4.100       The purposes of the Account are set out in the new section 54 of the APRA Act.  The Account can be debited for the purposes meeting the costs associated with the performance of APRA’s functions or the exercise of its powers; for payment of remuneration to APRA staff; and for making other payments that APRA is authorised to make under any law of the Commonwealth. 

4.101       Item 47 inserts the definition of the Australian Prudential Regulation Authority Special Account (the Account) into subsection 3(1) of the APRA Act.

4.102       Item 62 makes a number of amendments to section 50 of the APRA Act.  The main purpose of section 50 is to provide for APRA’s share of levy amounts to be credited to the Account.  Previously section 50 provided for paying APRA’s share of levy money from the Commonwealth to APRA.  All money is now held for and on behalf of the Commonwealth and forms part of the Consolidated Revenue Fund.  The crediting of amounts to the Account provides APRA with the appropriation authority to expend money from the Account.  Amounts determined under paragraphs 50(1)(a) or (b) for the costs to the Commonwealth of providing market integrity and consumer protection functions for prudentially regulated institutions are not credited to the Account.  The word paid is used in subsection 50(3) to reflect that the amount appropriated (the amount standing to the credit of the Account) is increased when levy money is received. 

4.103       The appropriation of money to the Account under section 50(3) deals with the legal authority to spend amounts standing to the credit of the Account.  The note to section 50(3) highlights the requirement to report revenue on an accrual basis in accordance with section 49 of the FMA Act, under which, annual financial statements must be prepared in accordance with the Finance Minister’s Orders (FMOs).   The FMOs are based on accrual principles in accordance with external reporting standards.

4.104       The use of the word paid rather than payable in section 50(3) should not be taken to imply that APRA’s revenue should be reported on a cash basis where they would otherwise be required to be reported on an accruals basis. However, it should also be noted that the acquittal of the appropriation provided by a Special Account is reported on a cash basis.

4.105       Items 68 to 70 repeal subsections 11(2) and 13(3) of the Financial Institutions Supervisory Levies Collection Act 1998 consistent with APRA no longer holding money in its own name.  All money (including all levy money) is received for and on behalf of the Commonwealth.

4.106       Items 64 and 65 update out of date references to sales tax in section 55 of the APRA Act.  APRA’s general immunity to taxation is retained.

4.107       Item 66 amends section 59 of the APRA Act to set out the reporting requirements that APRA will be required to fulfil in accordance with its obligations under the FMA Act.  The section previously supplemented CAC Act reporting obligations.  In particular, the Chair is now personally responsible for providing to the Minister an annual report on APRA’s operations during the financial year.  The Minister is responsible for tabling the report in each House of Parliament within 15 days of receiving that report.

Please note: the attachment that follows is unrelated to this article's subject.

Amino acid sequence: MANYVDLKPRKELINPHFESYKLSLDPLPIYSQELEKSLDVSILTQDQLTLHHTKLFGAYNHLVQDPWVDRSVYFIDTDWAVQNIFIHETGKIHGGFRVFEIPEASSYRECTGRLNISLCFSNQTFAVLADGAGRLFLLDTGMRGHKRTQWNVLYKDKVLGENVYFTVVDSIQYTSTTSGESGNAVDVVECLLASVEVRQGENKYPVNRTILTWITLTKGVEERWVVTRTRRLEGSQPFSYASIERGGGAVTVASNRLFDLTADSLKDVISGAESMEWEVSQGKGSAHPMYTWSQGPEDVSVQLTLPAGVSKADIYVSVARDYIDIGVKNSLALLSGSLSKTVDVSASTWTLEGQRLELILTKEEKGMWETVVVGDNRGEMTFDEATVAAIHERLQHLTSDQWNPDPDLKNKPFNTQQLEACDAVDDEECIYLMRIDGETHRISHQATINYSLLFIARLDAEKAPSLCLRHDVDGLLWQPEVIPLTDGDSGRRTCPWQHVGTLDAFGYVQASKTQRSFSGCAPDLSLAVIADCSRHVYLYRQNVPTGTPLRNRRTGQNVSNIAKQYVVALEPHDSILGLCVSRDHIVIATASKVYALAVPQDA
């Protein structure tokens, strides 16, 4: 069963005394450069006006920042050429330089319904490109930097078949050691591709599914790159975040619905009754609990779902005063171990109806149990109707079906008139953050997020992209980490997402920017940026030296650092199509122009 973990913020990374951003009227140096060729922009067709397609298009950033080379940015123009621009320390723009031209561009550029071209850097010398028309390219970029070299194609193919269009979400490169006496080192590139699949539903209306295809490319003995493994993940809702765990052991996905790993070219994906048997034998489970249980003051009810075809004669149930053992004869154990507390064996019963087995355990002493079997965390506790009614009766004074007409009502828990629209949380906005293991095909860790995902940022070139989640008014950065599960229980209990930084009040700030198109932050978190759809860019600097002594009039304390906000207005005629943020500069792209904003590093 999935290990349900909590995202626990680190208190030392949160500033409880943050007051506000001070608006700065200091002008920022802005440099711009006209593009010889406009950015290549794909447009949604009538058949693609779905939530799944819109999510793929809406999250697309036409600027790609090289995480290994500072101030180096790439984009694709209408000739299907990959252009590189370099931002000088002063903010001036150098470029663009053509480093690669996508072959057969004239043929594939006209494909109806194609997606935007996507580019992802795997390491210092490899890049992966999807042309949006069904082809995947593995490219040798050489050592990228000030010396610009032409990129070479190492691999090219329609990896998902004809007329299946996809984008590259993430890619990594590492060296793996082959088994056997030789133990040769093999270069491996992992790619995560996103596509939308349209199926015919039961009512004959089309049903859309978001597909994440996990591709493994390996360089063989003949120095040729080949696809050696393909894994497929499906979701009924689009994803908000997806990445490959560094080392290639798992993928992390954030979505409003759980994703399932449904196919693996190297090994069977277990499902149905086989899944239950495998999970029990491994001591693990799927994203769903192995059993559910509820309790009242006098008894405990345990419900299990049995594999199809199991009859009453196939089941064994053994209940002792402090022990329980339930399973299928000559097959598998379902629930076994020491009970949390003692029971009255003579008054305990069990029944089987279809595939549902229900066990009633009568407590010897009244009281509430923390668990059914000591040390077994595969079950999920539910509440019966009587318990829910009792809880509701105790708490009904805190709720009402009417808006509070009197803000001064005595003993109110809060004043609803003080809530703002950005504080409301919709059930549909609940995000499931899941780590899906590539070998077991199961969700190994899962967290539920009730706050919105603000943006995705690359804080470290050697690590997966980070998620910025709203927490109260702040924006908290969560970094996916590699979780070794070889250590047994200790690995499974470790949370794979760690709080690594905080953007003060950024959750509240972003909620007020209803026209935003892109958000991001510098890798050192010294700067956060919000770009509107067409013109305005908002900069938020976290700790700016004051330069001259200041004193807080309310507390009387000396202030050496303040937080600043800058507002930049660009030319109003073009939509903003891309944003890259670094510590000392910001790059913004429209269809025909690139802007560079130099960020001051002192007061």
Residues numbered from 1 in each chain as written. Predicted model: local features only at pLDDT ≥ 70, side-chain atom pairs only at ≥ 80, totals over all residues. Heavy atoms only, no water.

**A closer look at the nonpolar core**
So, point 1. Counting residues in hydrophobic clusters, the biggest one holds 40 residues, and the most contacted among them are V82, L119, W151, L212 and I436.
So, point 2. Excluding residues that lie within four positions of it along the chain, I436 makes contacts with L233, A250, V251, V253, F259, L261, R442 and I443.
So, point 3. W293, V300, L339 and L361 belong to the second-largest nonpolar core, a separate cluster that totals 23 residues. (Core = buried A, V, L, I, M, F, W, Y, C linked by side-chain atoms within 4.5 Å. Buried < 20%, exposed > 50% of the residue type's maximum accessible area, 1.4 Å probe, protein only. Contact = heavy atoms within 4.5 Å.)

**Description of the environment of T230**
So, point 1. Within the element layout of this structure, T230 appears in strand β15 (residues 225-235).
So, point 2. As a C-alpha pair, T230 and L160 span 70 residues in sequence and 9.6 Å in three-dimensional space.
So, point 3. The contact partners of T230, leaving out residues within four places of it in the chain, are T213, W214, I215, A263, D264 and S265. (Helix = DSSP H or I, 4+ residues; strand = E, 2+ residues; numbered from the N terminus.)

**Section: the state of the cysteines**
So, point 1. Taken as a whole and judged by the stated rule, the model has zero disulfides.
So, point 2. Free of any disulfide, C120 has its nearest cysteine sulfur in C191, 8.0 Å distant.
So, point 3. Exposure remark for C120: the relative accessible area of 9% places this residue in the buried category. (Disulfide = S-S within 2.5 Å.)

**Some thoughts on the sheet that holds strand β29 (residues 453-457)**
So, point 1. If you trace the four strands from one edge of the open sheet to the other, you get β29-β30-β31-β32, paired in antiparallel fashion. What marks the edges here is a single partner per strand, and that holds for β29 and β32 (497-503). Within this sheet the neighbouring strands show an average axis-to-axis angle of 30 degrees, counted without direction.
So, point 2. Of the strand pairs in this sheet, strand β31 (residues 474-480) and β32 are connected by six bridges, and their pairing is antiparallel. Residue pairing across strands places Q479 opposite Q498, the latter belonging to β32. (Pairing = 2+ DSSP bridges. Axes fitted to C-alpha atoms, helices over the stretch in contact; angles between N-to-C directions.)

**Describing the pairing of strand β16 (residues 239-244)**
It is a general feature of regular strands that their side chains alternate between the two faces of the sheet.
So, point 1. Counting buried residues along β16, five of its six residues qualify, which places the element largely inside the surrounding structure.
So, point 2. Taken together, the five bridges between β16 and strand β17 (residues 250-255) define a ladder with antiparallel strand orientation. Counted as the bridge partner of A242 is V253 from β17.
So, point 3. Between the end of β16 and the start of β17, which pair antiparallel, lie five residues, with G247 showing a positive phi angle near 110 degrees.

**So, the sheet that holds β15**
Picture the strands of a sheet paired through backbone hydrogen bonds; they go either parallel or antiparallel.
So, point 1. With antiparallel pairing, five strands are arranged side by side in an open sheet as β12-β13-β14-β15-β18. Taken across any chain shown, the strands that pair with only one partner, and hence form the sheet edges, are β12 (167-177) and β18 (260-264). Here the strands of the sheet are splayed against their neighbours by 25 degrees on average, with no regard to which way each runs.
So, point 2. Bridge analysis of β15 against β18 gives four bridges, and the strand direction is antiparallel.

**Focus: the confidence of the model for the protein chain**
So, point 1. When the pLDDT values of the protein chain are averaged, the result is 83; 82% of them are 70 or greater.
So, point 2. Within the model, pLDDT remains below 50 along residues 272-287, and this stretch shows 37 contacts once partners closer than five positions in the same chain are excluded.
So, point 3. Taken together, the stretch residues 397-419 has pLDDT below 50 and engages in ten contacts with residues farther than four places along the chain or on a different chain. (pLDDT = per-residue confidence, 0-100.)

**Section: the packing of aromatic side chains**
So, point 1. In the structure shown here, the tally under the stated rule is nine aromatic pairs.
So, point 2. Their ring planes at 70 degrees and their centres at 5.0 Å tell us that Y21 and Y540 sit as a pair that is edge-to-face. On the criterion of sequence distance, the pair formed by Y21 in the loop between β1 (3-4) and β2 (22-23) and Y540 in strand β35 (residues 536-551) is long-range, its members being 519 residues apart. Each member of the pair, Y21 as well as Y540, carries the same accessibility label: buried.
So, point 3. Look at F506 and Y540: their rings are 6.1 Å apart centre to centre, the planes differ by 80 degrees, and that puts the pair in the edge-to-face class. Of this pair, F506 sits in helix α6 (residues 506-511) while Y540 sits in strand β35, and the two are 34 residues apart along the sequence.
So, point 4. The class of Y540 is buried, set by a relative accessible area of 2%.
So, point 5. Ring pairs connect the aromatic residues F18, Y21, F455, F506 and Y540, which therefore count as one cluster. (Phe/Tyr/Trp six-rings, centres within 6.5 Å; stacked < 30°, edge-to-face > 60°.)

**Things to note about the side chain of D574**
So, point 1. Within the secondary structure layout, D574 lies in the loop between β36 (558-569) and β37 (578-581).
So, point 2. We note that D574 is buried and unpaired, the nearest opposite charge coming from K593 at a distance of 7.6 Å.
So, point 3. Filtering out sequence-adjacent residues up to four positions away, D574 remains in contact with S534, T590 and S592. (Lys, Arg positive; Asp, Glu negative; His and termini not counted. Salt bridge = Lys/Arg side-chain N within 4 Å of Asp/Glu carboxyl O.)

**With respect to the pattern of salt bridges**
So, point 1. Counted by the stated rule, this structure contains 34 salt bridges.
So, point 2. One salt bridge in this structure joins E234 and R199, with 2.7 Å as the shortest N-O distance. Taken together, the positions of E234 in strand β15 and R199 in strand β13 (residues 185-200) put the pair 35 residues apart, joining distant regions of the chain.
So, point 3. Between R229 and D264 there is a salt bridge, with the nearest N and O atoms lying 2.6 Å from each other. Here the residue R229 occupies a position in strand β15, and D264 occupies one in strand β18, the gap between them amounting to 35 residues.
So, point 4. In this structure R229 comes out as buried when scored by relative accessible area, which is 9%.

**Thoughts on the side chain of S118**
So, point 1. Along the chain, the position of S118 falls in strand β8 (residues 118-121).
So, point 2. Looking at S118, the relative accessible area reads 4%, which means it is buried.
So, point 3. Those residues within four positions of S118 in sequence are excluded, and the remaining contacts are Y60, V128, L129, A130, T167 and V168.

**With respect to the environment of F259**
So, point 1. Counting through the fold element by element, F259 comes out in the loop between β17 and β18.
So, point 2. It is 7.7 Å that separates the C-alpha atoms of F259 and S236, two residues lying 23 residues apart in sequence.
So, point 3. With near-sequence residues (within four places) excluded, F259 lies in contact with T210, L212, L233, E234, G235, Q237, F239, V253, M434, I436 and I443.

Chief Executive’s duties

Background

4.108       Under part 7 of the FMA Act, the Chief Executive is personally responsible for managing the affairs of the Agency in a way that promotes the proper use of the Commonwealth resources for which the Chief Executive is responsible. 

Key changes

4.109       The Chief Executive of APRA is its Chair.  A new section confirms for the avoidance of doubt that the Chair is not subject to direction from APRA on matters relating to fulfilling the Chair’s statutory responsibilities as a Chief Executive under the FMA Act.

Notes on items

4.110       Item 51 inserts new section 12A in the APRA Act.  It provides that the Chair of APRA is not subject to direction by APRA in relation to the Chair’s performance of functions or exercise of powers under the FMA Act or part 4 or 4A of the APRA Act (employment powers) in relation to APRA.  This is a standard provision that ensures that the Chair’s personal obligations under the FMA Act and part 4 or 4A of the APRA Act are kept separate from the collegiate decision-making processes which otherwise govern APRA.

Employment powers

Background

4.111       Part 4 of the APRA Act sets out powers relating to APRA staff members.  Currently powers to employ staff and engage consultants rest with APRA.

4.112       This retains the current situation which permits a high degree of flexibility in some employment practices in order to assist APRA to attract and maintain highly skilled staff in the highly competitive financial services employment market.  APRA employment arrangements will not be subject to the Public Service Act.

Key changes

4.113       Items 53 to 58, 60, 61 and 67 deal with changes to employment practices.  While APRA staff will continue to be employed under part 4 of the APRA Act, these employment powers are transferred from APRA to the Chair.  This is because the Chair as Chief Executive of the FMA Act agency will be personally responsible for managing the affairs of the Agency in a way that promotes the proper use of the Commonwealth resources.

4.114        The new express requirements for the Chair to determine APRA Values and an APRA Code of Conduct are also included in part 4 of the APRA Act.  This provides conformity with other Government agencies not otherwise subject to the general Australian Public Service (APS) Values and Code of Conduct requirements of the Public Service Act.  There is no requirement for the APRA Values and Code of Conduct to be the same as the APS Values and Code of Conduct.

Notes on items

4.115       Items 53 and 54 amend subsections 45(1) and 45(2) of the APRA Act so that the Chair may, on behalf of APRA, appoint staff under terms and conditions determined by the Chair.

4.116       Items 55 and 56 similarly amend subsections 47(1) and 47(2) of the APRA Act so that the Chair may, on behalf of APRA, engage consultants under terms and conditions determined by the Chair. 

4.117       Items 60 and 61 similarly replaces APRA with the Chair for the purpose of section 48D in part 4A of the APRA Act.